Federal prosecutors have intensified their criminal investigation of Republican fundraiser Elliott Broidy.
They're investigating whether Broidy -- a top fundraiser for President Donald Trump who was later named deputy finance chairman of the Republican National Committee -- gave clients special access at the 2017 inauguration in exchange for money, sources told the Wall Street Journal.
Federal prosecutors asked the Trump inaugural committee in April for documents related to Broidy and his intelligence-contracting firm’s foreign and prospective clients.
Broidy's company Circinus LLC provides intelligence research and analysis for foreign governments and other clients.
The GOP fundraiser invited several Angolan and Romanian officials to inaugural events, and introduced some of them to multiple members of Congress, after the Angolan government agreed to pay his company $6 million.
Rick Gates, the former deputy Trump campaign chairman and a Broidy associate, has been a cooperating witness in multiple investigations since pleading guilty last year as part of special counsel Robert Mueller's probe.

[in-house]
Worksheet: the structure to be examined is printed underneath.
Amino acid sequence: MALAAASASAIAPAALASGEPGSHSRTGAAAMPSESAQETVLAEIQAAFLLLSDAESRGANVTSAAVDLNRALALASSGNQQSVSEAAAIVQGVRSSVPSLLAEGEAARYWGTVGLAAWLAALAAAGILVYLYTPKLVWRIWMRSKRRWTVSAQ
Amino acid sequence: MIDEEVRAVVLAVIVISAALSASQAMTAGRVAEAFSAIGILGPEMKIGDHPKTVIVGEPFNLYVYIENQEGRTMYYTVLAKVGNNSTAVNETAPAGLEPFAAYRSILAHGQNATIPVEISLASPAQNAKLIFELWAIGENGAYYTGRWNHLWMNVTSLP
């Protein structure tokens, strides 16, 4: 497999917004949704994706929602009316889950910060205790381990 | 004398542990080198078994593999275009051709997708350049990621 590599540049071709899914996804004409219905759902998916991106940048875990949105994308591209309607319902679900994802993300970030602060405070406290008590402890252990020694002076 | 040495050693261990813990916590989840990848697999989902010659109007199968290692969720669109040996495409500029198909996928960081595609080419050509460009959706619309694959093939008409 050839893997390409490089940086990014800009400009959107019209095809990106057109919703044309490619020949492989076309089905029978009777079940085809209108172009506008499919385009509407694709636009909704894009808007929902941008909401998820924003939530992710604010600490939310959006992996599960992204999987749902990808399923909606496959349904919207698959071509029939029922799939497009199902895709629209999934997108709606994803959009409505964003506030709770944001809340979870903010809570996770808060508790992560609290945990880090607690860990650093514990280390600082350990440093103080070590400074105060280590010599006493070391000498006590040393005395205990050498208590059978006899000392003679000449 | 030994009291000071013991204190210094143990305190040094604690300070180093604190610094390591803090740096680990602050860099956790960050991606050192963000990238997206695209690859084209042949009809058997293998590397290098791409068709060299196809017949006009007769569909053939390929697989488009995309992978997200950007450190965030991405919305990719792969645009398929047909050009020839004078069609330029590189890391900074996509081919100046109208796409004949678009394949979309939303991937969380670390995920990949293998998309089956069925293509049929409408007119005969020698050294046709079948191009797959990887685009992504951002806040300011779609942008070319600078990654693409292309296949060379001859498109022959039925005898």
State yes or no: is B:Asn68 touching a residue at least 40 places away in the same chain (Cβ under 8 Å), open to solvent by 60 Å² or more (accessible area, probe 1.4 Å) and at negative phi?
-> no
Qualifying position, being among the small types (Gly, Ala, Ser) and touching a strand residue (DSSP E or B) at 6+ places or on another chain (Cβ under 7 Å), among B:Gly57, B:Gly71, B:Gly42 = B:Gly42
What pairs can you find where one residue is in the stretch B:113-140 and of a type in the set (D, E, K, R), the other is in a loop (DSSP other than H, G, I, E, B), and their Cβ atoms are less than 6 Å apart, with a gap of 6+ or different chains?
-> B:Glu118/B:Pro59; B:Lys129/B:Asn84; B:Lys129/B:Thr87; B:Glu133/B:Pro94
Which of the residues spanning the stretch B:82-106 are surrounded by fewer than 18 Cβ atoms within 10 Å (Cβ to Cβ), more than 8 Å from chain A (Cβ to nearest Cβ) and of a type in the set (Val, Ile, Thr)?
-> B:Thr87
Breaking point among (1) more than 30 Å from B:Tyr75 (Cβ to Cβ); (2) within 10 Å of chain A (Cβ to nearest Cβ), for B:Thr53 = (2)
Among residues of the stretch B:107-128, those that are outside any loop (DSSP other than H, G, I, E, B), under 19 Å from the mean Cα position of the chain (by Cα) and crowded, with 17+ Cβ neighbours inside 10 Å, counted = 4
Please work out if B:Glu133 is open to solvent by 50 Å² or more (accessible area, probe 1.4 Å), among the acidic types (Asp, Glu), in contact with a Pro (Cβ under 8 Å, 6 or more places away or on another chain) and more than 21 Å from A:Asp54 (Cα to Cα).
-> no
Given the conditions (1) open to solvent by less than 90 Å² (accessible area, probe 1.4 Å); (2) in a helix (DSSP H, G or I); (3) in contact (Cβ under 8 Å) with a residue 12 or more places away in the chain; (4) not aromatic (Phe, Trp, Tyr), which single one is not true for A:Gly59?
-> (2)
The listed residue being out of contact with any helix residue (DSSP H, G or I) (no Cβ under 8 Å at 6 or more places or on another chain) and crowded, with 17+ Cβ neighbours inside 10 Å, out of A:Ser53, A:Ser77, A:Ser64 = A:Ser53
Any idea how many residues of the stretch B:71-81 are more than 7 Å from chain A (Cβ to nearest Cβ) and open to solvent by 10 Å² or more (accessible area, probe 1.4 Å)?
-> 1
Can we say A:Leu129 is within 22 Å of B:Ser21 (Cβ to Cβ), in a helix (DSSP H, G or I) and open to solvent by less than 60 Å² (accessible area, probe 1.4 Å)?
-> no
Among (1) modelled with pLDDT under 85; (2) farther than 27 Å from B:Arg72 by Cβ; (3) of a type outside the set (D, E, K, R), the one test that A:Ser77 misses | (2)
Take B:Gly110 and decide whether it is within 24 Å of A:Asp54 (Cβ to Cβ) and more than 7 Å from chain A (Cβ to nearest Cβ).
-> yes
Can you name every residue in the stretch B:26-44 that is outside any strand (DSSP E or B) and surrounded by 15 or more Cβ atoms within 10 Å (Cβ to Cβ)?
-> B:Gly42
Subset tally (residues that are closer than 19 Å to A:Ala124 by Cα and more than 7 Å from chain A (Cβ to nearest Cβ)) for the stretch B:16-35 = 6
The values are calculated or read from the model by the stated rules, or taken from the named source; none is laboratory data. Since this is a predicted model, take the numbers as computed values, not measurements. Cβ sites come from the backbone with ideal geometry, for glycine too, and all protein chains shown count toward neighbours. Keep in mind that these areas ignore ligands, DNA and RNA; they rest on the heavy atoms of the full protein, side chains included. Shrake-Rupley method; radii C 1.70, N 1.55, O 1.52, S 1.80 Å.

Justice Department prosecutors who specialize in fraud and public corruption cases have asked to speak with another Broidy associate, Lisa Korbatov, who helped set up the deal between Circinus and the Angolan government.
Another associate, former Fugees rapper Pras Michel, was recently indicted on a campaign-finance charge after detailing in court documents a scheme to funnel millions of dollars in illicit funds to Broidy.
Broidy was represented by former Trump lawyer Michael Cohen, who is serving a prison term after pleading guilty to a variety of charges, in negotiating a $1.6 million payout to a former Playboy model with whom he had an affair.
The Trump campaign responded to the document request but have not heard anything further from prosecutors, according to a spokesman.
A spokesman for Circinus declined to comment.